The 1895 dedication of the giant Carnegie library, museum and music hall complex in Pittsburgh, Pennsylvania was a gala and eclectic affair. Gala, because everybody dressed up for it, and the Mozart Club1 sang festive songs, and they tried out the new organ. Eclectic, because people from every walk of Pittsburgh life were represented: artisans and working people alongside the mayor, a Congressman, and the Chancellor of the nearby university. But one important person was not there, although little Andrew Carnegie mentioned her in his dedicatory speech:
[This location] has also this unique merit for all Pittsburghers, that it plants us upon Schenley ground, which could never have been obtained but for the generosity of Mrs Schenley [applause] and her desire to co-operate in this work.
Indeed, Pittsburghers owed a lot to Mrs Schenley. Thanks to her, the library and museum complex was set in a beautiful urban park. A lot of things in the Oakland section of Pittsburgh bear the Schenley name: The Schenley Hotel, Schenley Hall, and Schenley Park, to name a few.
Now, how did so much real estate come to be named for a foreigner who so scandalised Queen Victoria that she wouldn't receive him at court?
Thereby hangs a very romantic tale, indeed. But first, you need to know about Colonel O'Hara.
O'Hara Comes to Fort Pitt
James O'Hara (c1752-1819) was born in County Mayo, Ireland. Since it wasn't easy to get a good Catholic education in 18th-Century Ireland, he studied at the Jesuit College of Saint-Sulpice in Paris. This is important, because it's where O'Hara got the training necessary to be a successful businessman in Pittsburgh. If that surprises you, you aren't thinking about who lived in western Pennsylvania in the 18th Century, namely, French and French-speaking Indians.
After a stint in the Coldstream Guards O'Hara resigned his commission, worked in Liverpool as a sort of paid business internship, then took a ship to Philadelphia in 1772. The next year found O'Hara busy learning to trade with Indians and Frenchmen on the frontier – that is, in the settlement on the forks of the Ohio River, where the Monongahela and Allegheny meet. O'Hara throve there. He was fluent in French, he learned Indian dialects quickly, and he was a good trader.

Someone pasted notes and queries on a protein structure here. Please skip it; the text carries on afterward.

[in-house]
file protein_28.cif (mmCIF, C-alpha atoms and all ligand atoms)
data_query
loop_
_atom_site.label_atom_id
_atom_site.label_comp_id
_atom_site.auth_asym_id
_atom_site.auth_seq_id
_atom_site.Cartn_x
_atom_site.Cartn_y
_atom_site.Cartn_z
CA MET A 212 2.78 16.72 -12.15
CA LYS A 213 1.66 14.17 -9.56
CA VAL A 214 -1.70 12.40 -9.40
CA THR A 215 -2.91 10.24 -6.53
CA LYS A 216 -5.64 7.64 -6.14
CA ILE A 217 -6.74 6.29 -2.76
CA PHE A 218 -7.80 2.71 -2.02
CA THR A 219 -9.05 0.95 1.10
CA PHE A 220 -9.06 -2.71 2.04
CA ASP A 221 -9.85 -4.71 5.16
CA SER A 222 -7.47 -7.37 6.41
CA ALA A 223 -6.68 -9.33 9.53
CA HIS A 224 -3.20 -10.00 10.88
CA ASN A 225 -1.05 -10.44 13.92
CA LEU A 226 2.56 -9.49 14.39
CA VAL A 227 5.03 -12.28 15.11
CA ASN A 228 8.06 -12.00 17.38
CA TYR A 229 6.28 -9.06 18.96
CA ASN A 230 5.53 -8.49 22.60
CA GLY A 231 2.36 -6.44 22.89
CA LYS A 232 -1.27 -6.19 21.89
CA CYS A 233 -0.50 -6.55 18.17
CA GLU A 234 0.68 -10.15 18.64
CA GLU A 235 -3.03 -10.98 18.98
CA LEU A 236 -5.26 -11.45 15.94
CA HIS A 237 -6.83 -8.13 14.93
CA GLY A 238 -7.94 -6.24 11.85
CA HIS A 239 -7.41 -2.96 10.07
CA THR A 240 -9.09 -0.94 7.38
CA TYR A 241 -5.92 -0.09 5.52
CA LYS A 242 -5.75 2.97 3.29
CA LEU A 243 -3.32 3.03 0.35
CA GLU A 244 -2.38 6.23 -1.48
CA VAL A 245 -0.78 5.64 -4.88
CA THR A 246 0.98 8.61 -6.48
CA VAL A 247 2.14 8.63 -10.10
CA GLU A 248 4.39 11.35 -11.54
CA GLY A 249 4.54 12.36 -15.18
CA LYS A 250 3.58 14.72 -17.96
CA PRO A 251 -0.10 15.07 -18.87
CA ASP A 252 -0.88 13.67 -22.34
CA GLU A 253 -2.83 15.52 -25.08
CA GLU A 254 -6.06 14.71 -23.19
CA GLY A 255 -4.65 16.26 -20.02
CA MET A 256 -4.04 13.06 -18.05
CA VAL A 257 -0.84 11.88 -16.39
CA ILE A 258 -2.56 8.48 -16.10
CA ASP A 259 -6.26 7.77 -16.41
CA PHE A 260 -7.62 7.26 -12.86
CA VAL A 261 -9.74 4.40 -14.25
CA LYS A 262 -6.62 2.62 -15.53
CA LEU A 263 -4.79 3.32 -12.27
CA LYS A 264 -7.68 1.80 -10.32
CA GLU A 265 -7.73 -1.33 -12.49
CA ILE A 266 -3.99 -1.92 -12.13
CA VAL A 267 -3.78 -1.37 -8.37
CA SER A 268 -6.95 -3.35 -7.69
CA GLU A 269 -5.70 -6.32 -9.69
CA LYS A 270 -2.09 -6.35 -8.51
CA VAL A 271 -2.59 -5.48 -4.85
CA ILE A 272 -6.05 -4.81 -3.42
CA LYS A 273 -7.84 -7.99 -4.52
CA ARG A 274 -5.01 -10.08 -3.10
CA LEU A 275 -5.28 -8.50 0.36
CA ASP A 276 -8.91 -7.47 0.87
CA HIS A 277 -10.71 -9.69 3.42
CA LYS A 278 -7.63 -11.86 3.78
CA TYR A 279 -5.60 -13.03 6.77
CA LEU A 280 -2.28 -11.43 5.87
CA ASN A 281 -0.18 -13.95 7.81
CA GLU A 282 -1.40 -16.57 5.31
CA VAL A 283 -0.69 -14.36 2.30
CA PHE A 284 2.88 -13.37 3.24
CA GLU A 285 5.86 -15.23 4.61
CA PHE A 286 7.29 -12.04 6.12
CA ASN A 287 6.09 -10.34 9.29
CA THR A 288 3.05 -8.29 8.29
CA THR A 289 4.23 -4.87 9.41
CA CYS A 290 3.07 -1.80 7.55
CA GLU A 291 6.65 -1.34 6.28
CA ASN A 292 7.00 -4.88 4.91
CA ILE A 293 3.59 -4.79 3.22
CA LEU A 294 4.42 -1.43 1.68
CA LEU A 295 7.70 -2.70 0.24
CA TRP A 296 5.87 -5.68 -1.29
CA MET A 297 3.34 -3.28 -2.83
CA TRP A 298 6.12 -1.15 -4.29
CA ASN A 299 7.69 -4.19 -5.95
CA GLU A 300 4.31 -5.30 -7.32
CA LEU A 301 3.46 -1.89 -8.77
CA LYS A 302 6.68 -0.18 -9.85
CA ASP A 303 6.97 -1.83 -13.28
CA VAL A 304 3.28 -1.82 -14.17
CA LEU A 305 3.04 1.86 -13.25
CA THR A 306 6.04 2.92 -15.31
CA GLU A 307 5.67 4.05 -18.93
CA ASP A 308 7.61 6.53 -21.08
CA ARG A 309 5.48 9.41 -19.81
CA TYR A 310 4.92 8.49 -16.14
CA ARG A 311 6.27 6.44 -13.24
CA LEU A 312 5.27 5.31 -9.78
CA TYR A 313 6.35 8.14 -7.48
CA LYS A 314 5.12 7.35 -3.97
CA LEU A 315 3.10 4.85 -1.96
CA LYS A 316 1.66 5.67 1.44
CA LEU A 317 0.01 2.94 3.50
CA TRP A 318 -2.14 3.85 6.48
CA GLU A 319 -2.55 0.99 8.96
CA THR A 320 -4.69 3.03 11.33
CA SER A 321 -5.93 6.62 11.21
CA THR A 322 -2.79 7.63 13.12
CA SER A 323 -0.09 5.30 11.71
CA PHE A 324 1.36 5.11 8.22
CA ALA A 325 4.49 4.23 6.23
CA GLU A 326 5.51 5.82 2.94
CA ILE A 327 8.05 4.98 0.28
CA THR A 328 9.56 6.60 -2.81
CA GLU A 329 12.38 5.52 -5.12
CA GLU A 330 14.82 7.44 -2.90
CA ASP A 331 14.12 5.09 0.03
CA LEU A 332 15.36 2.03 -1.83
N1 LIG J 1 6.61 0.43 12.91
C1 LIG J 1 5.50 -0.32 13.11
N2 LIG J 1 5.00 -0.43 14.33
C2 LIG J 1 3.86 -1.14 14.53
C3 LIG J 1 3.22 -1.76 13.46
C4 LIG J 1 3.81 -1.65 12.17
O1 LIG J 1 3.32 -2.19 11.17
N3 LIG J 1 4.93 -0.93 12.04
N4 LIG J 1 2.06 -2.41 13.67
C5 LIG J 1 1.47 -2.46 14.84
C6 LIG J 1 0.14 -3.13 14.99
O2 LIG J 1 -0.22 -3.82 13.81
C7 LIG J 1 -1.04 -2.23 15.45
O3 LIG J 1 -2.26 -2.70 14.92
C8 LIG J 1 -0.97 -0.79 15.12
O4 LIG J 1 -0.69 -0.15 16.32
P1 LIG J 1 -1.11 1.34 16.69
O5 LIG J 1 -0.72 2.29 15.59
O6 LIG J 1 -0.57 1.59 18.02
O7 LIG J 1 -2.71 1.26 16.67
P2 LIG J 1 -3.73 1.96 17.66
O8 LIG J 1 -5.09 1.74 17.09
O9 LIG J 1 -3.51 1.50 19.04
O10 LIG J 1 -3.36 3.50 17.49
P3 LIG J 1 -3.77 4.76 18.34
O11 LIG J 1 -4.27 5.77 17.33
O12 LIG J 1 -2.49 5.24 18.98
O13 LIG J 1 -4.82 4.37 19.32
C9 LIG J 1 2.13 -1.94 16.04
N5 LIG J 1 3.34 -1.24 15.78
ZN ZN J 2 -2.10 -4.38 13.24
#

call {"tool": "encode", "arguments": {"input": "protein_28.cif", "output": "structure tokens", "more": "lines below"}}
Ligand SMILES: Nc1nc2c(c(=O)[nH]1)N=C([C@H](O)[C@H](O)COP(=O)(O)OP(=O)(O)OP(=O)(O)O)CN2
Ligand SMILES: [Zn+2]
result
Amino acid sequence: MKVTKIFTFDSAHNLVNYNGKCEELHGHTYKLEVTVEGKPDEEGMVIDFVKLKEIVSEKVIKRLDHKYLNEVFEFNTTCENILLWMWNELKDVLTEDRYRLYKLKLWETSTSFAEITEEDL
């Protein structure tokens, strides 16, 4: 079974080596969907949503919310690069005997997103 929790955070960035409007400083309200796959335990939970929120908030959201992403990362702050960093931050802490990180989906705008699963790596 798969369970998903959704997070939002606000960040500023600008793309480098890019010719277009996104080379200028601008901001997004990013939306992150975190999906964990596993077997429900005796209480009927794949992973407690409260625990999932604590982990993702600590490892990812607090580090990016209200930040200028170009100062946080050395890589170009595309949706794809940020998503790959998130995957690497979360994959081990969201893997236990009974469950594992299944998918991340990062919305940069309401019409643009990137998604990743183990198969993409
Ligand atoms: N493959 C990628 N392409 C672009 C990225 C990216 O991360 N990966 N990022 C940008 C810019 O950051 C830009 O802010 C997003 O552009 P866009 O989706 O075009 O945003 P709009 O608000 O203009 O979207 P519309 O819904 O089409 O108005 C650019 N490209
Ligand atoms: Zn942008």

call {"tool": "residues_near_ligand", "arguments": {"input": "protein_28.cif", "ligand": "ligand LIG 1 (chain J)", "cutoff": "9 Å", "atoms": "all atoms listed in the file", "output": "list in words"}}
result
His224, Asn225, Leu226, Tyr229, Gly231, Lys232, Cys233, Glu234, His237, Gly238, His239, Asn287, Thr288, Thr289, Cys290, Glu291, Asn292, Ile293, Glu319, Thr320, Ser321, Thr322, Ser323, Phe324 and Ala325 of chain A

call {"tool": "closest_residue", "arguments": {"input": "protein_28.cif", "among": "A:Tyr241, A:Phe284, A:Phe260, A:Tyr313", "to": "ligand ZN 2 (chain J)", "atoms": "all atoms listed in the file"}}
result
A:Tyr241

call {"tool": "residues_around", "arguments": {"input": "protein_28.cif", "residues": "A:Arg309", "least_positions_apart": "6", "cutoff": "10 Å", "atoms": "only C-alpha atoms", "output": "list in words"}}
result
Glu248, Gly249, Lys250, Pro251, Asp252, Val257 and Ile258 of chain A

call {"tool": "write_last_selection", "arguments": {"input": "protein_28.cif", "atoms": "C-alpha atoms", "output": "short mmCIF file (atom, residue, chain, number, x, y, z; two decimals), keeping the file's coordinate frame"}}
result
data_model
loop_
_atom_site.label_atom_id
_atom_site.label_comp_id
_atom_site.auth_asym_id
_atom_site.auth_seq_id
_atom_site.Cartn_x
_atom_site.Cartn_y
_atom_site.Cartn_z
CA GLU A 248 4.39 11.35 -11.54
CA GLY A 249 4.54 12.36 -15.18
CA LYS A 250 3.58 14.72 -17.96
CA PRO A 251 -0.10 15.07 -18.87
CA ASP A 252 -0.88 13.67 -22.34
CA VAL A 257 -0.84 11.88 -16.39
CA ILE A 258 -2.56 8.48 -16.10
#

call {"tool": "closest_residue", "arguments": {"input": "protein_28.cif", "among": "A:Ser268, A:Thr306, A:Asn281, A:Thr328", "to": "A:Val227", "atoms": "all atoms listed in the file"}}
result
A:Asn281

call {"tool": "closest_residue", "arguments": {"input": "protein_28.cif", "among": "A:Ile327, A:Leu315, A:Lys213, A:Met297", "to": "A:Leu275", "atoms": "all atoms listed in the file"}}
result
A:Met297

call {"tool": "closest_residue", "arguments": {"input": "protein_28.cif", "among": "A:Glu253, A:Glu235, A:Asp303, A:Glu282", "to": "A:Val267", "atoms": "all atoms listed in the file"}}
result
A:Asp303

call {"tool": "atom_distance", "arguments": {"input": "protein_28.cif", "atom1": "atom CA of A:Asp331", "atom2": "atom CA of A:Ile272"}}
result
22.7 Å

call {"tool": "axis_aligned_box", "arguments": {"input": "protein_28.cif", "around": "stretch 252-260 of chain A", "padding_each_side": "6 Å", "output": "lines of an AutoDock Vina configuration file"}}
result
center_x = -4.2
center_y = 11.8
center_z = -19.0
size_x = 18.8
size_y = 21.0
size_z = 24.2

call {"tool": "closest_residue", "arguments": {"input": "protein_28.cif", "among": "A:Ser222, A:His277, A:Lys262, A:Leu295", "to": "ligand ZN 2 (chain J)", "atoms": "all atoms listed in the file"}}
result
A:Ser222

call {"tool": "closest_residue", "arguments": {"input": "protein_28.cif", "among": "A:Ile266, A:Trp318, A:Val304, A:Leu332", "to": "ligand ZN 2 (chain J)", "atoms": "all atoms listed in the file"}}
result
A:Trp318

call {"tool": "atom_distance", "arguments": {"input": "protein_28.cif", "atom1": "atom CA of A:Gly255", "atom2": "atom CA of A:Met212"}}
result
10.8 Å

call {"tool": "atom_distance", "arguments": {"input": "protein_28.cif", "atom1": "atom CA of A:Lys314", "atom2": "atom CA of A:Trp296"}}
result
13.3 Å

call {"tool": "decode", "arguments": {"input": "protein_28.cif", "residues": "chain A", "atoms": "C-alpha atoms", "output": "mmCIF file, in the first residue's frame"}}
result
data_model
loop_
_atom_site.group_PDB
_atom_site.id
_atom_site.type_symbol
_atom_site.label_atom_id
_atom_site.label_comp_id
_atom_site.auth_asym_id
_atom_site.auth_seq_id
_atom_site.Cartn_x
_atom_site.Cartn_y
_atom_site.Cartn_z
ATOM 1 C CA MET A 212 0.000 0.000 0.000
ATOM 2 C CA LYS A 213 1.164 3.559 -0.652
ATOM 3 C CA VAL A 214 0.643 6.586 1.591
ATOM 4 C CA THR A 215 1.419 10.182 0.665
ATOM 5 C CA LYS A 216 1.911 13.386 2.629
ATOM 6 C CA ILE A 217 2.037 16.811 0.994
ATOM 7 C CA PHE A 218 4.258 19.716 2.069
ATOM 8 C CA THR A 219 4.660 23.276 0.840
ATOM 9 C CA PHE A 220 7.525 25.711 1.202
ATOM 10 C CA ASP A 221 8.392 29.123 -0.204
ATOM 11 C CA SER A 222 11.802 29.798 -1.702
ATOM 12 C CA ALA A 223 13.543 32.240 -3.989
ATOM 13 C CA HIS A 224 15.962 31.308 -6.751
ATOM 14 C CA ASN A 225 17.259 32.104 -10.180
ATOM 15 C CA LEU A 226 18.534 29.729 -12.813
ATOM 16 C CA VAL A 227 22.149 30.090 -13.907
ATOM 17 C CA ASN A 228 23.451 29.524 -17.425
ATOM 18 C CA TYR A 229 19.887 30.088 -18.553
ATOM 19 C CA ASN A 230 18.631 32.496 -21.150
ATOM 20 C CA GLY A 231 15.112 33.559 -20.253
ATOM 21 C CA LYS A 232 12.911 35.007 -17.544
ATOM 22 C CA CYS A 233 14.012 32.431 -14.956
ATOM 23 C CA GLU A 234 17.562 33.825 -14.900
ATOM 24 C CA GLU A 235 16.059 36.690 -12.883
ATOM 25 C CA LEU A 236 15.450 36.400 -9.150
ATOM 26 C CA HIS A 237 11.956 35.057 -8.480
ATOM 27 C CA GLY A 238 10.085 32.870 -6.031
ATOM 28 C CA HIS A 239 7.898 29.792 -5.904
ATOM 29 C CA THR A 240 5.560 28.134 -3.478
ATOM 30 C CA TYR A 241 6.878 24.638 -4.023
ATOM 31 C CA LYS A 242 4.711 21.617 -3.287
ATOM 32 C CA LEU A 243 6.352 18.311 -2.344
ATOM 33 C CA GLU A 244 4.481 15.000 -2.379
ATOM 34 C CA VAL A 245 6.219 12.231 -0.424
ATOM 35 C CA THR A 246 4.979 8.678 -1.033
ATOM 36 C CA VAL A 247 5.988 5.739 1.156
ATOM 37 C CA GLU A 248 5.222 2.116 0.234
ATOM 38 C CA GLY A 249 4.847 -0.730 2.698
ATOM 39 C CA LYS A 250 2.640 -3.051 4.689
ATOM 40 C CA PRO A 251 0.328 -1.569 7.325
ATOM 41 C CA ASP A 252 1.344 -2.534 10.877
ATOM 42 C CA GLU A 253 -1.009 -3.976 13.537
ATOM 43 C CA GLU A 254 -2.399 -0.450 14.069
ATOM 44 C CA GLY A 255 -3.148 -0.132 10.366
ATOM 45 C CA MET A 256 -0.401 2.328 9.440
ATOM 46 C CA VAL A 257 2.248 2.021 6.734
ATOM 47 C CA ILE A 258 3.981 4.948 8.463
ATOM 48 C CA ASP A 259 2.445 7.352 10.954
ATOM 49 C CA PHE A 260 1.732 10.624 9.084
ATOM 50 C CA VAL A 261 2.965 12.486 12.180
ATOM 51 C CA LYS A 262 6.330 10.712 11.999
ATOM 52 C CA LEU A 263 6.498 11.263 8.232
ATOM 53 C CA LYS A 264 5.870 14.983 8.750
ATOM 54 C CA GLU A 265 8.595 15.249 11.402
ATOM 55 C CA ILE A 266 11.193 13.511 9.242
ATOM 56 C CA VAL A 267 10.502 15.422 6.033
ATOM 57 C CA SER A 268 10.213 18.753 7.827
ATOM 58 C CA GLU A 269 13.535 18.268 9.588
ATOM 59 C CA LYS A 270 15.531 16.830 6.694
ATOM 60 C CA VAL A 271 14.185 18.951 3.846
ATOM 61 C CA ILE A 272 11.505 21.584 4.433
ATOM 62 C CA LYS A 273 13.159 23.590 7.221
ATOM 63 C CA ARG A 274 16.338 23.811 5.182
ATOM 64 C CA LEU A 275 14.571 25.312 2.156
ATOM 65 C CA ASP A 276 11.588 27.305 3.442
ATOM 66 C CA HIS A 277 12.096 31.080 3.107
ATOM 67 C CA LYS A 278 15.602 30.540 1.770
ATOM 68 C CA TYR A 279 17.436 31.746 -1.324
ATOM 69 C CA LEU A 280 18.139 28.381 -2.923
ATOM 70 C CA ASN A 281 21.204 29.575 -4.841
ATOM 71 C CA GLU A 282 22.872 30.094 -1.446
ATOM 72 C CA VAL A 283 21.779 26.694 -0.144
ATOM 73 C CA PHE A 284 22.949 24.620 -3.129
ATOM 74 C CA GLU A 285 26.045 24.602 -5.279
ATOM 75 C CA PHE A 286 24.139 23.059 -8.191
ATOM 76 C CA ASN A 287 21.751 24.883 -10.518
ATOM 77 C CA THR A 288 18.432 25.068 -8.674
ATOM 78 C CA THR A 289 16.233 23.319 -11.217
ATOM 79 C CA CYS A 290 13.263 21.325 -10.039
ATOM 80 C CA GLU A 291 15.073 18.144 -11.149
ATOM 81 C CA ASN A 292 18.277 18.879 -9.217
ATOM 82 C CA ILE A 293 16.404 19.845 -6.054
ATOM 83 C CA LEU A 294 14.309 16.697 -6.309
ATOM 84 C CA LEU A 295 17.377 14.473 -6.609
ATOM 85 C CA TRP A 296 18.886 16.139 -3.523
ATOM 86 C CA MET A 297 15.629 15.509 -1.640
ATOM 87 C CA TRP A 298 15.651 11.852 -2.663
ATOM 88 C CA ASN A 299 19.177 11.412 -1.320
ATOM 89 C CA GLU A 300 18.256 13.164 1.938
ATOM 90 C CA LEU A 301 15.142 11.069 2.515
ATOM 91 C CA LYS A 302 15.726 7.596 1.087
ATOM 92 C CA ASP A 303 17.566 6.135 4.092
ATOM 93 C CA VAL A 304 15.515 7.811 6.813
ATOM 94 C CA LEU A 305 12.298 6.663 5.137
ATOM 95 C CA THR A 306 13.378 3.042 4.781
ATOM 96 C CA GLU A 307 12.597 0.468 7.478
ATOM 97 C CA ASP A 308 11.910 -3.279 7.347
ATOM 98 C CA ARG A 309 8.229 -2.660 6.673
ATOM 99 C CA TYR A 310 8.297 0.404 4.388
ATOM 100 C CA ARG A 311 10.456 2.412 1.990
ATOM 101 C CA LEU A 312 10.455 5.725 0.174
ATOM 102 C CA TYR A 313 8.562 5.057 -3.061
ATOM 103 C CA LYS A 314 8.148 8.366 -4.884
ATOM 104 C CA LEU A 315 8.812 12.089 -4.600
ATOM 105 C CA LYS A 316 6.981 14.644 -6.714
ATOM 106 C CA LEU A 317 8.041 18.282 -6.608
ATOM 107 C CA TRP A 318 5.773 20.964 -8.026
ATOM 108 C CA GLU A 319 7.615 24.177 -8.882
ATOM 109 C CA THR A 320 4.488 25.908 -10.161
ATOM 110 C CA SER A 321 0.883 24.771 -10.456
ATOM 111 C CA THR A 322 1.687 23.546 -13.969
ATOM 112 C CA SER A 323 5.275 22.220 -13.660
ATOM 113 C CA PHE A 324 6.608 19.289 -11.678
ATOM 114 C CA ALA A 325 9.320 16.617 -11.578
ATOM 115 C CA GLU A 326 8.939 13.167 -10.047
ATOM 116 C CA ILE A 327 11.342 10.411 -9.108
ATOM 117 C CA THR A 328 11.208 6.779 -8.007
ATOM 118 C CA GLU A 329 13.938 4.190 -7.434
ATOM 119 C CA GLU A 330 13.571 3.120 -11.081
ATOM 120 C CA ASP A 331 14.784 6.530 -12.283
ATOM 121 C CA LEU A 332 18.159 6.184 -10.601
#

O'Hara was such a good businessman that he ended up doing it as a service to his new country. During the Revolution, he served as an officer at Fort Pitt, conveniently located downtown at The Point. In 1792, O'Hara was appointed the sixth Quartermaster General of the US Army by President George Washington. He was a flourishing businessman with his own glassworks, salt business and brewery.
Colonel O'Hara was an accomplished man, but the most important things he did, as far as posterity is concerned, were to marry and sire six children, and to accumulate a large amount of land between the Allegheny and Monongahela rivers. He even kept the deed to his old log cabin, the one that he'd bought from a man named Neill, out in the wilds near Panther Hollow.
He really didn't know there would be a golf course there one day. Nor did he have a clue what his granddaughter would get up to. It's hard to tell if he would have laughed – or been as shocked as Queen Victoria, though we doubt it.
Mary Croghan Elopes, Though Not to Gretna Green
Colonel O'Hara was Mary Croghan2's grandfather on her mother's side. That might be where she got her adventurous nature from. It certainly wasn't from her businessman father, who literally collapsed when in 1842 she eloped at 15 with a 43-year-old British army captain, one Edward W Schenley. When the poor man had recovered somewhat – Mr Croghan had, in fact, suffered a mild stroke – he demanded that the government DO something.